Unlimited data for Telstra customers on $99 and above home internet plans

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Telstra
A man uses his mobile phone in front of a Telstra logo in central Sydney, August 13, 2009. Reuters/Daniel Munoz

Telstra is finally offering unlimited data with its first home broadband bundles. Starting Tuesday, all customers on $99 and above home internet plans can enjoy unlimited data.

Customers who sign up for the $99 Home Internet Entertainment Bundle may expect unlimited data. It includes a Telstra Gateway Frontier modem, Foxtel Now Starter pack for three months and a new Telstra TV streaming device.

Existing Telstra customers on plans under $99 will get a data boost, at least doubling their current plan allowances automatically. The telco’s announcement comes as Aussie households’ appetite for broadband data continues to grow.

In the past year alone, traffic carried over Telstra’s fixed network has jumped by 40 percent. It shows that streaming services, online gaming and bigger downloads have become common among Aussie households.

“Streaming entertainment content has become a way of life for Australians, with around two thirds of us now streaming our favourite shows,” Telstra executive for Consumer and Small Business Vicki Brady said. She added that consumers are using more connected devices in the home than ever before.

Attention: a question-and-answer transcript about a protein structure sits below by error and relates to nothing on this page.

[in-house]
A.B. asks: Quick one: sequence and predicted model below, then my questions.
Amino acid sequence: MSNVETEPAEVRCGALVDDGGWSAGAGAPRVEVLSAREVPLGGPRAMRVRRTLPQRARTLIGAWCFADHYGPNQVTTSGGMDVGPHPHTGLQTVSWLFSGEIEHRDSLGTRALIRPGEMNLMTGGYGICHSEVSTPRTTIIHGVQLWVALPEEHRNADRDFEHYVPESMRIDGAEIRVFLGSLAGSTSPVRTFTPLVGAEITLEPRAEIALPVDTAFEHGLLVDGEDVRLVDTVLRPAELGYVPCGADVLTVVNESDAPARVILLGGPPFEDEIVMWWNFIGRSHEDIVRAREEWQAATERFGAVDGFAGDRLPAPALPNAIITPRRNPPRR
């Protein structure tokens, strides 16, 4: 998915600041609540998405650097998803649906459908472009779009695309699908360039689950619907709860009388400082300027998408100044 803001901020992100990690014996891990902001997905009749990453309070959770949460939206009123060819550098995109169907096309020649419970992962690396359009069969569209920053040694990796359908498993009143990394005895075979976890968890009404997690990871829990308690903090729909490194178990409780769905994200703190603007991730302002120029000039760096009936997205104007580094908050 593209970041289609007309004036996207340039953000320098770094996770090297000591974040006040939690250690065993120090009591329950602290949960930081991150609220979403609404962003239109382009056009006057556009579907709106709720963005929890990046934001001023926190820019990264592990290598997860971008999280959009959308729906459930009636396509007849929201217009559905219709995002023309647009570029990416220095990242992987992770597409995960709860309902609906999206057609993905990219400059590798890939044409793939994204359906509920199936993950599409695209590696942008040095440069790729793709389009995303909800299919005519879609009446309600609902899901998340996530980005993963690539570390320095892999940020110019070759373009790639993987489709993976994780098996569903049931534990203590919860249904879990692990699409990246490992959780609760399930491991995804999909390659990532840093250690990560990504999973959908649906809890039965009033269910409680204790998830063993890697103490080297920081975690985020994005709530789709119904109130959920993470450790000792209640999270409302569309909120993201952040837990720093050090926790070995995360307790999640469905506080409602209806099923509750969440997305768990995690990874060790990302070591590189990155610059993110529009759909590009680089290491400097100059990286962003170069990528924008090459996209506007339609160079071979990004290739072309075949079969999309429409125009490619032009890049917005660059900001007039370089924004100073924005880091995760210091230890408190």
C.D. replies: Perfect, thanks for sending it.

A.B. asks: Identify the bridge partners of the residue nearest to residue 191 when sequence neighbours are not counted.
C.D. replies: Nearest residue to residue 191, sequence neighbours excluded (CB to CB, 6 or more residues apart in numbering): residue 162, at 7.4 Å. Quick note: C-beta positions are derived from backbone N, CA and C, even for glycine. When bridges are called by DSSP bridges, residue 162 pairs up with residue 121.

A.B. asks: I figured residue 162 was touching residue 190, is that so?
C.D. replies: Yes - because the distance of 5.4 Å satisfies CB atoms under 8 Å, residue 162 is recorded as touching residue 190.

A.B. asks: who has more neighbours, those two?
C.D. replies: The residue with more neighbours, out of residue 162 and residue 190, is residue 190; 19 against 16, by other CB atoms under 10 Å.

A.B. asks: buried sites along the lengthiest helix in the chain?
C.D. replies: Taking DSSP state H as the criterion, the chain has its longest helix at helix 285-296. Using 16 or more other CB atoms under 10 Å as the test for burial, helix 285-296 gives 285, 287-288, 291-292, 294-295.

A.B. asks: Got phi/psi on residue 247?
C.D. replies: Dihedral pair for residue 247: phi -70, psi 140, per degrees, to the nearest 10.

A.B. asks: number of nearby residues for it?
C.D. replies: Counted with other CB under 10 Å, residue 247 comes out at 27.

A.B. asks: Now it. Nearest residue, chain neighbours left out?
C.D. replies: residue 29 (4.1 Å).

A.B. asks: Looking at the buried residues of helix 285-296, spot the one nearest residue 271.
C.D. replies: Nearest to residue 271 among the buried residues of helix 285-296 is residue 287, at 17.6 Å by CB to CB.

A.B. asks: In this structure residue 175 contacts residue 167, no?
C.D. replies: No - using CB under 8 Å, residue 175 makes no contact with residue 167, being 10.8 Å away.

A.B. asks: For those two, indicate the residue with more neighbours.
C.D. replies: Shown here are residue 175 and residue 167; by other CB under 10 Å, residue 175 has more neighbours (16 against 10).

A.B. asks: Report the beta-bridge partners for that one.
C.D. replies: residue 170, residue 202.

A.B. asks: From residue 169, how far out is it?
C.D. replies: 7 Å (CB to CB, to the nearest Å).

Brady believes that unlimited data will provide peace of mind for Australians. It was the reason the telco launched unlimited bundles for new and existing customers on its $99 and above plans.

Providers have been slow in offering unlimited broadband data to consumers in Australia. Such offer is more common in other countries.

Meanwhile, NBN Co boss Bill Morrow has said that the company behind the rollout of the National Broadband Network is “considering” revealing the maximum download speeds that consumers are rationally capable of expecting. This information was traditionally been withheld from the public.

“(Publishing this information is) something we have been considering discussing with the government, and even with the (retail service providers),” News.com.au quotes Morrow as saying. The disclosures comes weeks after Telstra recognised it had unfairly charged NBN users for internet speeds they could not possibly receive. It is offering some remedies, which include refunds.

Morrow revealed that the company was considering putting out its list of “theoretical” internet speeds that each house or business in Australia could achieve. It could range from a top download speed of 25 megabits per second to four times the amount.

Currently, this information is only accessible to internet service providers. Morrow said the NBN Co was more likely to publish the information if internet providers did not “volunteer to do this.”